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1

I am partial to Arlington BE box extenders for such applications. The 1-gang version is the BE-1. http://www.amazon.com/gp/product/B00303FYHS/ref=pd_lpo_sbs_dp_ss_1?pf_rd_p=1944687542&pf_rd_s=lpo-top-stripe-1&pf_rd_t=201&pf_rd_i=B000GAQE9A&pf_rd_m=ATVPDKIKX0DER&pf_rd_r=0XH4QSEWDXPFGKCN0ZEJ


0

Another option is simply to remove the existing box and install a new one at the correct depth. Most of the time, electrical boxes are secured with nails in the back, these are easy to cut through with a hack saw blade.


4

There are box extenders which can be screwed onto the existing box. They can be screwed directly on top of the old box. Just do a search for "electrical box extenders" and you will find plenty.


2

If you failed an inspection they must tell you why. As Alt asked above, do you not have a receptacle at all, or is there one there but not GFI protected? Under codes going back to the 70's bathroom receptacles must be GFI protected. Before that there was no GFI protection so an earlier installation could very well have a non-GFI protected receptacle and ...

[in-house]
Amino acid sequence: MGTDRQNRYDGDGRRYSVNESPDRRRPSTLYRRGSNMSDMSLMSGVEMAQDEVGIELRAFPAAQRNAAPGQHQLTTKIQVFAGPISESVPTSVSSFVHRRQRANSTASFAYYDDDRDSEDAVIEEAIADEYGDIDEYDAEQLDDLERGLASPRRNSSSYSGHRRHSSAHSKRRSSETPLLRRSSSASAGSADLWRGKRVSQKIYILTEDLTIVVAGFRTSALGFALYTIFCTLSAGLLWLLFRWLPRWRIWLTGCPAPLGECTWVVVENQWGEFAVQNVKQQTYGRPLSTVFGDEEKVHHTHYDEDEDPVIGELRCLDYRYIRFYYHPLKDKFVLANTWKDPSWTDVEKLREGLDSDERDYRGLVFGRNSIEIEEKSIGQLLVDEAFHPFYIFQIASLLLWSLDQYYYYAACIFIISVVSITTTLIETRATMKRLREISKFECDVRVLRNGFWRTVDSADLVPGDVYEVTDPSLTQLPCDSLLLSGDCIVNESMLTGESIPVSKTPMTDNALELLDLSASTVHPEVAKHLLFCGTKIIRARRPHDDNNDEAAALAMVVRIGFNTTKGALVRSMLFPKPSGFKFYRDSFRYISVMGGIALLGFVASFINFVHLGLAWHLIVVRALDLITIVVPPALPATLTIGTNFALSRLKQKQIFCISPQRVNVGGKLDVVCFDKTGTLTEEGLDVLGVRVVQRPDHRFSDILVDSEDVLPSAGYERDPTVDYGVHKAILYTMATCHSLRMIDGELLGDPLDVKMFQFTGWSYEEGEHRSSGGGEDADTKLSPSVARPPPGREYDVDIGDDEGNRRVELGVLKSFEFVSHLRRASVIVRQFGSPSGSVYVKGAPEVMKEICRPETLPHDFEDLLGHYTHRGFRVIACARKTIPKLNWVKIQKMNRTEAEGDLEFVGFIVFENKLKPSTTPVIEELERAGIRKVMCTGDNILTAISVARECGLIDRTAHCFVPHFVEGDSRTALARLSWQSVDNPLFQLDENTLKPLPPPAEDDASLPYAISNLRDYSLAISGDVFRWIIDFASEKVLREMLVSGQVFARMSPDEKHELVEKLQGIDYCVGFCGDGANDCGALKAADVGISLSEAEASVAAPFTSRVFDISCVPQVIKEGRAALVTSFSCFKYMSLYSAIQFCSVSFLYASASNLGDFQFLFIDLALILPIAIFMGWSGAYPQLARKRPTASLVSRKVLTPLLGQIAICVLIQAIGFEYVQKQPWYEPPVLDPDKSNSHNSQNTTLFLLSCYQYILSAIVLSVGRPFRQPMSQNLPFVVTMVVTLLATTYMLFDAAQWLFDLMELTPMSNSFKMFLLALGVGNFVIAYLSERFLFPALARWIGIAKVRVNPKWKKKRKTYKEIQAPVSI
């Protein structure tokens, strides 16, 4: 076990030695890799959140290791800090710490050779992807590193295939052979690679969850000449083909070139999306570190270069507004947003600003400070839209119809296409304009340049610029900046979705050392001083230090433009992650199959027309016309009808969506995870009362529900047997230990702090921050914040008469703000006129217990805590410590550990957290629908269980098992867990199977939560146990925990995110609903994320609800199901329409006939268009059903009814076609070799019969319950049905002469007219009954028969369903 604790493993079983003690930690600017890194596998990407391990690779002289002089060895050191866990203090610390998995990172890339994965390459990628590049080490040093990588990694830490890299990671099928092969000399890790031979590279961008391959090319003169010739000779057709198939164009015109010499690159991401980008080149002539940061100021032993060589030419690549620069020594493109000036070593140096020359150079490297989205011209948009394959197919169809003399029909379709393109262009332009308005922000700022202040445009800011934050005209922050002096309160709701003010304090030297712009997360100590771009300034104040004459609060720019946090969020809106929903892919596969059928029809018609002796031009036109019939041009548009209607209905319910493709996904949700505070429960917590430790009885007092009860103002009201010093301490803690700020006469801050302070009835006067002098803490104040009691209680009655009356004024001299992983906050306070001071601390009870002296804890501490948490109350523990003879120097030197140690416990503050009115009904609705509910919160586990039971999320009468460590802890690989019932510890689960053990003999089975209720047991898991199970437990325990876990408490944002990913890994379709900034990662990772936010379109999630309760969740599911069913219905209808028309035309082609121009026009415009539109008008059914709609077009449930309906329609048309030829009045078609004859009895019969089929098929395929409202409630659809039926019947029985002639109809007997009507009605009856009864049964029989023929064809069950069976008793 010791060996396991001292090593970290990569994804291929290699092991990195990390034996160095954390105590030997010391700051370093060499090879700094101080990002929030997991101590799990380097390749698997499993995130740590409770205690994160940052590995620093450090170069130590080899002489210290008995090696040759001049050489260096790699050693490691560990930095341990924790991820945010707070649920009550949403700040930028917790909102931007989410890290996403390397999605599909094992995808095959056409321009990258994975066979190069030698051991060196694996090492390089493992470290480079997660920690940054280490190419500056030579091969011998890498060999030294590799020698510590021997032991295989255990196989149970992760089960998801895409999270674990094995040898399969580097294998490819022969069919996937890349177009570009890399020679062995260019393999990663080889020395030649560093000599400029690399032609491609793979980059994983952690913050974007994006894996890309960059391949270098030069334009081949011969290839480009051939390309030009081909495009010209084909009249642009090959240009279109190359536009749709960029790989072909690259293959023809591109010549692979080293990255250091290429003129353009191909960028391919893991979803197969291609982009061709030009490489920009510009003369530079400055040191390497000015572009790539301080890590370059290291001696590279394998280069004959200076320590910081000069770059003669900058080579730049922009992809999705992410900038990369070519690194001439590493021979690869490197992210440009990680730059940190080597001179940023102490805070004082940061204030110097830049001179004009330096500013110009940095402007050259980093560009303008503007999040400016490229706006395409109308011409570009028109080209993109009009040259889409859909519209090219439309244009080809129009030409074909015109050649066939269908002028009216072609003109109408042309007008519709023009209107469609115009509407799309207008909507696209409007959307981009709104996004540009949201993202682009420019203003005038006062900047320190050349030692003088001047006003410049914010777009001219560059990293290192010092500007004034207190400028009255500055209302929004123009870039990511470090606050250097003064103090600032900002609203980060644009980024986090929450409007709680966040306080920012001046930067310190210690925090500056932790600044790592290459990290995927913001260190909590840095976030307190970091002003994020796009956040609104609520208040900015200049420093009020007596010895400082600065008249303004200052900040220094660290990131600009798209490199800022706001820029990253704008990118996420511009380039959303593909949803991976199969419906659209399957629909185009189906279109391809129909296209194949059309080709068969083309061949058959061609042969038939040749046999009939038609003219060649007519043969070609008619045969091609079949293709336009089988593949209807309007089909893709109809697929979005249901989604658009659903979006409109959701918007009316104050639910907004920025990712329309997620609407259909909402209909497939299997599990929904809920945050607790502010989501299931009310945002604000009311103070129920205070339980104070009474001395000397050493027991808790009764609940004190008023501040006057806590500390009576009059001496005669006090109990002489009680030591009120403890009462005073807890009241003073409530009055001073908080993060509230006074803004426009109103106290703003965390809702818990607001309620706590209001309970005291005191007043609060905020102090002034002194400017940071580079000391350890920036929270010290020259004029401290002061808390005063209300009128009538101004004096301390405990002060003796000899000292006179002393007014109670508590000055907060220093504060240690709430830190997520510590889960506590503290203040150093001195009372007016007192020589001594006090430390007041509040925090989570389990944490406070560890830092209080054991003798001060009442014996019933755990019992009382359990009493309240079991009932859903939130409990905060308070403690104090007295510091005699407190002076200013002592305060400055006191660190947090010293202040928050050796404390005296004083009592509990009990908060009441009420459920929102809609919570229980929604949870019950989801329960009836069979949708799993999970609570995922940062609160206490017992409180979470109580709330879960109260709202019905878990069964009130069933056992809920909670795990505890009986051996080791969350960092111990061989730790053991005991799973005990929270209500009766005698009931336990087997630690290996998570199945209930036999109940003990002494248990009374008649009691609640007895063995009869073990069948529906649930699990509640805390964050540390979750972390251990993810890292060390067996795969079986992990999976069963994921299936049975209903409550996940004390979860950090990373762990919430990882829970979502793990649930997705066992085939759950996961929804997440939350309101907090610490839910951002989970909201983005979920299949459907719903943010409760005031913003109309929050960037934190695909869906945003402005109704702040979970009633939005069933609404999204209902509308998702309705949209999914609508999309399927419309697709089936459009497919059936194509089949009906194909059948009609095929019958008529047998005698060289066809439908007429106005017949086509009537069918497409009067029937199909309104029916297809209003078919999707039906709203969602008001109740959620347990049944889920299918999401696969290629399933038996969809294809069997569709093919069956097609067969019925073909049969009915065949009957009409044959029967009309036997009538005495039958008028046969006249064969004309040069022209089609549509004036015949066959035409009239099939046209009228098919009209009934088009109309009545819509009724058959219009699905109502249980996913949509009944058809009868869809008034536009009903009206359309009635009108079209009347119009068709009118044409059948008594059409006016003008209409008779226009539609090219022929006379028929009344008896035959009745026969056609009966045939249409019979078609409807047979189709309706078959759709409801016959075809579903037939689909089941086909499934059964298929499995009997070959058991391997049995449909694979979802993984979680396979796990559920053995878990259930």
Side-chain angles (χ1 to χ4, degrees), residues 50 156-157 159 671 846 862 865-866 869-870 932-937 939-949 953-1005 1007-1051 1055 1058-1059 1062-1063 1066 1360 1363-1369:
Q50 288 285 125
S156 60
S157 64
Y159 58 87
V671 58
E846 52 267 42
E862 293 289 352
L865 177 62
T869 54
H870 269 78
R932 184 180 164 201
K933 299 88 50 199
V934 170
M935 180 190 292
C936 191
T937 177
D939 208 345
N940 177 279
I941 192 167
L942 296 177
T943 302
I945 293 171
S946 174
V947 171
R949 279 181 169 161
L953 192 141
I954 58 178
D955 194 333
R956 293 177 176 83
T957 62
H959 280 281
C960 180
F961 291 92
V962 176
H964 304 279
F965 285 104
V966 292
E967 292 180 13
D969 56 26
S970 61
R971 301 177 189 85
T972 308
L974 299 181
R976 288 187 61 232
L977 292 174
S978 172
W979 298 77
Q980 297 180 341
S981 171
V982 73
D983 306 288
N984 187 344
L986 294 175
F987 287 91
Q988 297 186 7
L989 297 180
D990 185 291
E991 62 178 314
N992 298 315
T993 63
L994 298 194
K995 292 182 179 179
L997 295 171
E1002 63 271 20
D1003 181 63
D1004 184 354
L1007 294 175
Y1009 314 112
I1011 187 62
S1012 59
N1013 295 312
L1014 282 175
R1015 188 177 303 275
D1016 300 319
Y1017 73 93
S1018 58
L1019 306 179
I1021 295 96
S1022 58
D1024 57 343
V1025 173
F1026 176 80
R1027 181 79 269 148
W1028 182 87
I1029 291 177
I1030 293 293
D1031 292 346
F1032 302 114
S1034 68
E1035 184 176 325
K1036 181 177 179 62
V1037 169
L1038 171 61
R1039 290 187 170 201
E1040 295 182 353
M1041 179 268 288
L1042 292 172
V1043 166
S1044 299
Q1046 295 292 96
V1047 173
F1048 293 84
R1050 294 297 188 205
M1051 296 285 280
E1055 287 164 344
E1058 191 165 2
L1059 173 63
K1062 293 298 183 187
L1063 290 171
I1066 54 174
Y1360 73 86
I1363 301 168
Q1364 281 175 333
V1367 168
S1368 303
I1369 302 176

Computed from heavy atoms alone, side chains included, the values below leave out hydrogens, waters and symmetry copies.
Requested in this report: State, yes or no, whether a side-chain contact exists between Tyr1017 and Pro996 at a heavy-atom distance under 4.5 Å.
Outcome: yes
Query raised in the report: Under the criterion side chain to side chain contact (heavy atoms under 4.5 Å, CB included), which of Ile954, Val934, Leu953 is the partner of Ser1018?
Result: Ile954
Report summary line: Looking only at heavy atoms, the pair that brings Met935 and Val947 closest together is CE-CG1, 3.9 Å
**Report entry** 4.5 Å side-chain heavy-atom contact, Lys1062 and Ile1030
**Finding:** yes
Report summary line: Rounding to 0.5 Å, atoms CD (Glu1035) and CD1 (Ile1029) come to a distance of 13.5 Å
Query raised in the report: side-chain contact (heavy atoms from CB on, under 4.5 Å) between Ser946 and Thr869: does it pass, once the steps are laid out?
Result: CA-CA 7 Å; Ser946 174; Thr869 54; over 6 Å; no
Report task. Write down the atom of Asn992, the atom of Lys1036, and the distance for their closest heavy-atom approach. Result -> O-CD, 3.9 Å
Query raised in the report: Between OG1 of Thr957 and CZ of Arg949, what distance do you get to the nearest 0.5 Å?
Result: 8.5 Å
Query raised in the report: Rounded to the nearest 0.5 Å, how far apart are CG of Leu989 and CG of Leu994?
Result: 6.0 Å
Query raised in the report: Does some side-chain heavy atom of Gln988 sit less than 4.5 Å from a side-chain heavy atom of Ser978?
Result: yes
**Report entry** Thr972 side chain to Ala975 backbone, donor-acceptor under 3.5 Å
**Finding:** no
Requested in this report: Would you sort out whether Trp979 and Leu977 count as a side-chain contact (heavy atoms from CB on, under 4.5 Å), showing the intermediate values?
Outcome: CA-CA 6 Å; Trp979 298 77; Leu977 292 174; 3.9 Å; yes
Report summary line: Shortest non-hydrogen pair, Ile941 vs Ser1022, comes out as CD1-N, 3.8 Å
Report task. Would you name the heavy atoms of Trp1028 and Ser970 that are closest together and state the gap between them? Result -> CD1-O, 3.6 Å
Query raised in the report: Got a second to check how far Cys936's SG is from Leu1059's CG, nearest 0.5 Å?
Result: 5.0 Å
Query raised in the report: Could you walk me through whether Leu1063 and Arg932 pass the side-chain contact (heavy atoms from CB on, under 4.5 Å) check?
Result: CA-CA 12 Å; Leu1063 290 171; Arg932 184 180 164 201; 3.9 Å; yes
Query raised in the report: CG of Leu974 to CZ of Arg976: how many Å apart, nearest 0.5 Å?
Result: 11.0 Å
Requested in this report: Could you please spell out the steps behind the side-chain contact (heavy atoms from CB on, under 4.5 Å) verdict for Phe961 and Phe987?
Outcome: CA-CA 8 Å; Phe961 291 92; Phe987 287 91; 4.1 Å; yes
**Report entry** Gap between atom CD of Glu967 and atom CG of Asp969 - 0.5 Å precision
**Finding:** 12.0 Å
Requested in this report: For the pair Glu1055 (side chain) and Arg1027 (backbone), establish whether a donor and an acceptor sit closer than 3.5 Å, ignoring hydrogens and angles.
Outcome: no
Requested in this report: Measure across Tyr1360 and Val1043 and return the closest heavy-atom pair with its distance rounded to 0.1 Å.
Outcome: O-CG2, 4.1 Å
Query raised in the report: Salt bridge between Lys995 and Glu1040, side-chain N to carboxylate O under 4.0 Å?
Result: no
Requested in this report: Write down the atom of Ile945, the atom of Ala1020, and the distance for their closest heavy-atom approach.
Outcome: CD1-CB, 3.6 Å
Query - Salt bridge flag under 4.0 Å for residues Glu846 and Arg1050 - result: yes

1

Yes. Bathroom receptacles must be GFCI protected. That's not to say there must be a GFCI receptacle, just that they must be GFCI protected. The protection can be provided via a GFCI breaker or other device.


0

The breaker with the green test button is an AFCI, or arc-fault, breaker, and it IS tripped. A carpet cleaner, much like a vacuum, can have a very "dirty" running motor. Meaning the brushes tend to spark a lot. This is a classic culprit in nuisance tripping AFCI breakers.


1

The breaker on right side (Second to bottom) is tripped. I am not sure if the green is a sticker on it or a little notification window, but regardless, take note on how it is in the center position. This means that it has tripped. If you try to slide it to the left, it will just pop back to the center again. To reset the breaker, slide it to the right ...


4

The breaker on the bottom right (with the green tab on it) looks tripped. They will move to center position without doing much else. Turn it all the way off and then all the way back on. If that does not work: turn ALL your breakers all the way off and then all the way on to make sure all are reset. Then look for gfci receptacles and make sure to reset all ...